The reputed abduction of Anne O’Donel by Timothy Brecknock in 1785 was first referenced by Matthew Archdeacon in Legends of Connaught in 1839. Thomas Patrick Faulkner wrote a more concise version of the story in The career of George Robert Fitzgerald… in 1893. Further reference to her abduction appeared in the 1916 play The Spancel of Death by T H Nally where Anne O’Donel is described as the godchild of Sir Harry Lynch-Blosse.
While Archdeacon claimed that “almost every incident…is founded on fact,” Mary MacCarthy doubted its veracity in Fighting Fitzgerald and other papers in 1930. Her doubt is underscored by the lack of primary sources to confirm the existence of Anne O’Donel, her father, Judge O’Donel, and her betrothed, Hyacinth Martin (portrayed as Jasper Martin in my novel).
While the colourful career of Timothy Brecknock is well documented, his reputed abduction of Anne O’Donel has not been discovered in any primary source. The son of a Northamptonshire farmer, Brecknock matriculated to Pembroke College, Oxford aged seventeen on 10 June 1736. Having left Oxford without a degree, he was admitted to Lincoln’s Inn on 19 May 1738. Thereafter, he practised as a lawyer and writer in London. The publication of Droit le Roy (a Digest of the Rights and Prerogatives of the Imperial Crown of Great Britain) in 1764 incensed The House of Lords to such an extent that his pamphlet was burned outside the gate of Westminster Hall. Towards the end of his career, he was appointed as the law agent to George Robert Fitzgerald of Turlough, County Mayo, a post that ultimately led to his demise. On 12 June 1786, Brecknock aged sixty seven was hanged in Castlebar, County Mayo, along with Fitzgerald, for complicity in the murder of Pat Randal McDonnell, Colonel of the Mayo Volunteers.
When Timothy Brecknock reputedly abducted Anne O’Donel in 1785, he imprisoned her on Glass Island (also known as Islannaglashy), Lough Conn in Co Mayo. Conscious of the public mood that described abduction as “a remnant of barbarity” and “a savage practice,” he may have sought to win her heart initially rather than violate her. My novel deals with this story and its aftermath.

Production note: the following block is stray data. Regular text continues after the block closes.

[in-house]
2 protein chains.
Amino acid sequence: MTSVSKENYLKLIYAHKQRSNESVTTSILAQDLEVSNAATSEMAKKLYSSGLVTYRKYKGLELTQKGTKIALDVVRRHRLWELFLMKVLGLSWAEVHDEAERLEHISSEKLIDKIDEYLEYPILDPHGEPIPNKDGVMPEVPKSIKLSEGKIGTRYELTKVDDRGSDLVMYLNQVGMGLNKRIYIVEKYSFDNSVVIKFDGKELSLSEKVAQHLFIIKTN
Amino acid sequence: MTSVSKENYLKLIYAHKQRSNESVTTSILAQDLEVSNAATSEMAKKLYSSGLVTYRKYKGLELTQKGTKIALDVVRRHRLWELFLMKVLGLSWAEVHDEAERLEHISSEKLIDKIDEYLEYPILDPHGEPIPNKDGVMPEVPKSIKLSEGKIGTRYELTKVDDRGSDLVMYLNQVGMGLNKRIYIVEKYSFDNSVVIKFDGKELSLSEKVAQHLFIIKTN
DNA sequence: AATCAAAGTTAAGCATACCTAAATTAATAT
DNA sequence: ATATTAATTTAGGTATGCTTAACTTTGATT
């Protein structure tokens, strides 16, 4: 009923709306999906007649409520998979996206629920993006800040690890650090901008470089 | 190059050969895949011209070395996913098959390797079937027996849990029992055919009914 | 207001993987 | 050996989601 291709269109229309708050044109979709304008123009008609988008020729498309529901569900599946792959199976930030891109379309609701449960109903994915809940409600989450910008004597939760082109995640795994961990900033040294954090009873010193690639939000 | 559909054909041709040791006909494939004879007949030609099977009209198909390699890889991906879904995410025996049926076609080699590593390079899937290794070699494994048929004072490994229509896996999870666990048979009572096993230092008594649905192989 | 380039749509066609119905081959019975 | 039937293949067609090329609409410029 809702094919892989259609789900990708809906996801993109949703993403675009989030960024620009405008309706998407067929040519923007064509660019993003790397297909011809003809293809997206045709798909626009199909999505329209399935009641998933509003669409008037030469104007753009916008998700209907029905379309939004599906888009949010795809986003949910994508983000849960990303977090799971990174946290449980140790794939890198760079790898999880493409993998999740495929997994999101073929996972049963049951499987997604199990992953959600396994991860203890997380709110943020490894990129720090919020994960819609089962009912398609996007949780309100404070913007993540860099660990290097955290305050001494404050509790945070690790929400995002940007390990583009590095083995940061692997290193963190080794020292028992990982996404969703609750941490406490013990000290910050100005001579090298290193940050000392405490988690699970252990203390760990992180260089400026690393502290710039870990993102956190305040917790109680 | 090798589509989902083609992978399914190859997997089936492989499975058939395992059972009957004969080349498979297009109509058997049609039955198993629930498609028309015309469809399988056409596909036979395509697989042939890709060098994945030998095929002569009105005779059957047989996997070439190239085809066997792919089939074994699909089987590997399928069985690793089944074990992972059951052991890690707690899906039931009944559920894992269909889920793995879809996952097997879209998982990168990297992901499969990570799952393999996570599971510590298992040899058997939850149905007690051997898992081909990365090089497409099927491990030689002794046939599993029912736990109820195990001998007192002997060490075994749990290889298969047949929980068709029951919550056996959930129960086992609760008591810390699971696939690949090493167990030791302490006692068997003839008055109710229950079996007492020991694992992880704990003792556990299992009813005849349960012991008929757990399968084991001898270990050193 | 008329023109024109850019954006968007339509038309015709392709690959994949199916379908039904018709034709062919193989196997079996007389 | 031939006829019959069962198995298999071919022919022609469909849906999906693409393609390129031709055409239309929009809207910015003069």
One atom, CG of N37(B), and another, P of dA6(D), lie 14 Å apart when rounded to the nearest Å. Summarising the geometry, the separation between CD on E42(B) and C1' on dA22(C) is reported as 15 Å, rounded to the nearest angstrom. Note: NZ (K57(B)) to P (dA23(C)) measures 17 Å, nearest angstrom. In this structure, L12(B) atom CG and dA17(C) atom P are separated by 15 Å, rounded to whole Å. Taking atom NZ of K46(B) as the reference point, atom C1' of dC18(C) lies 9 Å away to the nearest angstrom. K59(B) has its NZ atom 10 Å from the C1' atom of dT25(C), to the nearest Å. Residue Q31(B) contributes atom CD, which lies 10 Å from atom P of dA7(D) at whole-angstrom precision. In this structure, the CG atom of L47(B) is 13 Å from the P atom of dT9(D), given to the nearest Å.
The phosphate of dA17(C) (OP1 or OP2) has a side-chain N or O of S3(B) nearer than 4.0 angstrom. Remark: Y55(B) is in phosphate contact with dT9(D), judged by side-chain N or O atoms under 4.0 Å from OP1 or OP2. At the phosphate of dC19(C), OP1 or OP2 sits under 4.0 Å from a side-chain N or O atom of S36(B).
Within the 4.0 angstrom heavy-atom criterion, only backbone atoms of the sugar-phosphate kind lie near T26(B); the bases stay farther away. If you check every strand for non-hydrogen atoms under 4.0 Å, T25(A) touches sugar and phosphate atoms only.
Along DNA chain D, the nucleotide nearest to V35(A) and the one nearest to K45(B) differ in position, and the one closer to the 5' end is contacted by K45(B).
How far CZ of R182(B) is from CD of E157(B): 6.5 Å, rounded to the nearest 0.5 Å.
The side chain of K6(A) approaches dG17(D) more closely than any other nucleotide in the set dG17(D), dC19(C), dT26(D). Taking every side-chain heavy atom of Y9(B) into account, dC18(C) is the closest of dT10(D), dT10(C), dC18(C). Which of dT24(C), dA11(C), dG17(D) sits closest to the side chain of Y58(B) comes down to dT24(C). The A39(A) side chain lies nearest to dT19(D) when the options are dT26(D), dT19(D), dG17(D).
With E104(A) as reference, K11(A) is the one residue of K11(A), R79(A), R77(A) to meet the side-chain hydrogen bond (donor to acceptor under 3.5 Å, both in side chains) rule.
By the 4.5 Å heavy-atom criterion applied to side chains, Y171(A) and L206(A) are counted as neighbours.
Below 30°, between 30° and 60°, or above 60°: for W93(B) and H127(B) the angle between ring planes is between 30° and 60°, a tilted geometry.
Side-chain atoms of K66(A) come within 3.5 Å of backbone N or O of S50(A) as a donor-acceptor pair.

According to Archdeacon, the reputed locations of the O’Donel residence were either in Mossvale, Moynafallen or Moyvale. None of these locations are known today apart from Moyvale, the name of a modern housing estate in Ballina, Co Mayo. Moyvale was chosen as the location of the O’Donel residence due to its proximity to the valley of the Moy River, near the village of Straide, Co Mayo, where the O’Donel family vault is located. A location was also assumed for Grousehall, the residence of Anne’s lover, Jasper Martin, about midway between Westport and Castlebar, based on informed speculation by local historians, Brian Hoban and Adrian Martyn.
Some minor license has been applied to Archdeacon’s storyline. He refers to Anne’s father as Mr O’Donel whereas Faulkner refers to “old O’Donel who had been presiding at the bench,” when George Robert Fitzgerald was accused of complicity in the abduction of Anne O’Donel. I have therefore assumed Anne’s father to be “Judge O’Donel.” I have also assumed first names for Anne’s mother, “Mary” O’Donel, and for Mr Mitchell (namely, “John” Mitchell) of Glass Island. The name of the housekeeper of the O’Donel residence at Moyvale has been fictionalised as “Bridget” Mullen rather than Mary Mullen to avoid confusion with Mary O’Donel. The old courthouse in Castlebar is assumed to have been colonnaded like its successor which was built in the early 1830s.
I am greatly indebted to Claire Chilton, Eileen Gormley, Nicola Jennings, Caroline McCall, Anita Morris and Kathryn Suttle, members of a writers group, the-corner-table.com, who reviewed drafts of individual chapters of my novel; and to expert reviews on my first 5000 words from the 2011 Amazon Breakthrough Novel Award.
I am also indebted to Deirdre Cunningham, Heritage Officer, Mayo County Council; Sylvia Davitt and her children, who showed me the location of the souterrain where George Robert Fitzgerald reputedly imprisoned his father at Rockfield, Turlough, Co Mayo; Ivor Hamrock, Mayo County Library; Brian Hoban, local historian, Castlebar; Jo Hutchings, Archivist, Lincoln’s Inn Library, London; Adrian Martyn, local historian, Galway; Patricia O’Reilly, writer and lecturer, patriciaoreilly.net; Darragh Shaw of Turlough Nursery/Garden Centre, Co Mayo; and members of my extended family.
I would greatly appreciate comments on my novel at email@example.com.